Light up the foreground

David HirstDavid Hirst

But I must explain to you how all this mistaken idea of denouncing pleasure and praising pain was born and I will give you a complete account of the system, and expound the actual teachings of the great explorer of the truth, the master-builder of human happiness. No one rejects, dislikes, or avoids pleasure itself, because it is pleasure, but because those who do not know how to pursue pleasure rationally encounter consequences that are extremely painful. Nor again is there anyone who loves or pursues or desires to obtain pain of itself, because it is pain, but because occasionally circumstances occur in which toil and pain can procure him some great pleasure.

I would always recommend using the manual exposure mode to avoid the exposure changing from one frame to the next which can cause an annoying flicker in the final time-lapse movie.

Steve Heiner , photographer

Pete set the white balance on his D4 to daylight, and used an ISO range of 4,000 to 12,800 over the course of shooting at Joshua Tree National Park in California. Shutter speeds ranged from 15 to 25 seconds. Pete manually focused the camera on the closest trees in the foreground.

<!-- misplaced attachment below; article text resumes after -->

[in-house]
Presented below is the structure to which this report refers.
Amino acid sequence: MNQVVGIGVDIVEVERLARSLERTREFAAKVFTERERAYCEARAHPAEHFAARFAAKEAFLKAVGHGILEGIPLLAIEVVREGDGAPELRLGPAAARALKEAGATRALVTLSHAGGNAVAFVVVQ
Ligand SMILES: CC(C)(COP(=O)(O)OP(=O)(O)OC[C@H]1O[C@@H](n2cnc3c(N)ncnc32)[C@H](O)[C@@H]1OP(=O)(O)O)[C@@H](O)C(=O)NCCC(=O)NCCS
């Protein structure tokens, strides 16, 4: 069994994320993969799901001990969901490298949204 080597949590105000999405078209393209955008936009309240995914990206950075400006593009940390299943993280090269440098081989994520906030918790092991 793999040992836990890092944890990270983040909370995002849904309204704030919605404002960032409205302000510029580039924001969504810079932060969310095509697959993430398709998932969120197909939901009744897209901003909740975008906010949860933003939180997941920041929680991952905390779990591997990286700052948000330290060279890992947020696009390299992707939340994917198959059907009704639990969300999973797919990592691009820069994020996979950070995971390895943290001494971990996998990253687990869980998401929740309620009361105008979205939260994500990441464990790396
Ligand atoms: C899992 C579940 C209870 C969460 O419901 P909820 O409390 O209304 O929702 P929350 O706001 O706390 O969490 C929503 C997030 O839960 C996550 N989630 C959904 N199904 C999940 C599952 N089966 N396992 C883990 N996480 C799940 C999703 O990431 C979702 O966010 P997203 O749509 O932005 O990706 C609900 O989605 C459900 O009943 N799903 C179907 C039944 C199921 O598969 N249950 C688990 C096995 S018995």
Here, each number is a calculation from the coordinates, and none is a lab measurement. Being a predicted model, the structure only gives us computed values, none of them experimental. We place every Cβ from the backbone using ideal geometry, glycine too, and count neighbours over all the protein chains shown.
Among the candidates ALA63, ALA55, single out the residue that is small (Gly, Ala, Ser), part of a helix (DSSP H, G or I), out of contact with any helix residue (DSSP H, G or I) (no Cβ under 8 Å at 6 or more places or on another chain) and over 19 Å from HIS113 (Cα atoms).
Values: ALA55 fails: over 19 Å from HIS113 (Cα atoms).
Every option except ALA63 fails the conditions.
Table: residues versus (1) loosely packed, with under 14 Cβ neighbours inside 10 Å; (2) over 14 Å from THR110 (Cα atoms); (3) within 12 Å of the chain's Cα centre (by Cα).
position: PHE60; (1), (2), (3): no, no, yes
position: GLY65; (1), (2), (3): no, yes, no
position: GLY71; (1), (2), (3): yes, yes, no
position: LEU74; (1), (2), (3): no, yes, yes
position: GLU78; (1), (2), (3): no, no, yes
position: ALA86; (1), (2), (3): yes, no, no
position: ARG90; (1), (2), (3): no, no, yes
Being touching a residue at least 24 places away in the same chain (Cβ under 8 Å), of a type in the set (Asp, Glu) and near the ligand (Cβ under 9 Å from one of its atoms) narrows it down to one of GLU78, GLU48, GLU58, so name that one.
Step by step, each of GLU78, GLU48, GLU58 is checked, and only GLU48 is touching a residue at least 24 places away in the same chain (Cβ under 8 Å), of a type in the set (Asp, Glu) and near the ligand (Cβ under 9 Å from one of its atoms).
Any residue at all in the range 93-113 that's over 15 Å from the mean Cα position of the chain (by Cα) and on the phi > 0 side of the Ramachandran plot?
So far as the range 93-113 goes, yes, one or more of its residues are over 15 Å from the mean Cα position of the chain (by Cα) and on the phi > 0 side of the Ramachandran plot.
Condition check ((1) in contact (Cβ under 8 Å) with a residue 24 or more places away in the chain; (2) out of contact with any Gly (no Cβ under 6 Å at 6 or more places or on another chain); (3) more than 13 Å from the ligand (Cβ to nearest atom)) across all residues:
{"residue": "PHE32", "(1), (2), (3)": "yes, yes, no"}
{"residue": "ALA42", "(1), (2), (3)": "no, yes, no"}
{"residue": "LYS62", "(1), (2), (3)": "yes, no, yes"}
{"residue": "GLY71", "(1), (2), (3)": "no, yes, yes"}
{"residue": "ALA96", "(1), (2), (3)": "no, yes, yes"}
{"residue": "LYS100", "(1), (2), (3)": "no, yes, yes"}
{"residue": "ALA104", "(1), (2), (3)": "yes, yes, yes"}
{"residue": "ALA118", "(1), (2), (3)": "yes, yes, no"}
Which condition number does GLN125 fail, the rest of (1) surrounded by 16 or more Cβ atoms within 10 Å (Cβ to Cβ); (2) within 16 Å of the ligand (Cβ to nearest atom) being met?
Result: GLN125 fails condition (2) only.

Both Pete and his assistant held Nikon Speedlights with colored gels over the flash heads. During the time the shutter was open, they would “pop” the flashes, to illuminate the foreground trees and boulders. With Pete to one side of the camera, and his assistant on the other, they began painting with light from a distance of about 15 feet from the camera, each moving further from the camera, on an angle that brought them close to the subjects in the foreground. This allowed the light to be more dimensional, wrapping around the trees. Each was able to pop off from two to 10 flashes from each Speedlights during each exposure. Pete explained that while the Speedlights aren’t constant light sources, you still need to be aware of where you’re pointing the flash so you don’t end up with hot spots in the image (overexposing a portion of the photo.)


Selena Twister

I would argue that Peta Pixel and Fstoppers are bad examples. They are not photography blogs, they are clickbait traffic blogs that talk a lot about cameras. They have very active comments where people insult each other and where photography itself is almost never addressed. They contribute next to nothing to the photographic community as a whole.

Henry Katze

The theme is the major issue for a blog site. It helps you to make a site more attractive. This is the brand identity for your site. But high-quality content helps you to make a successful blogger.

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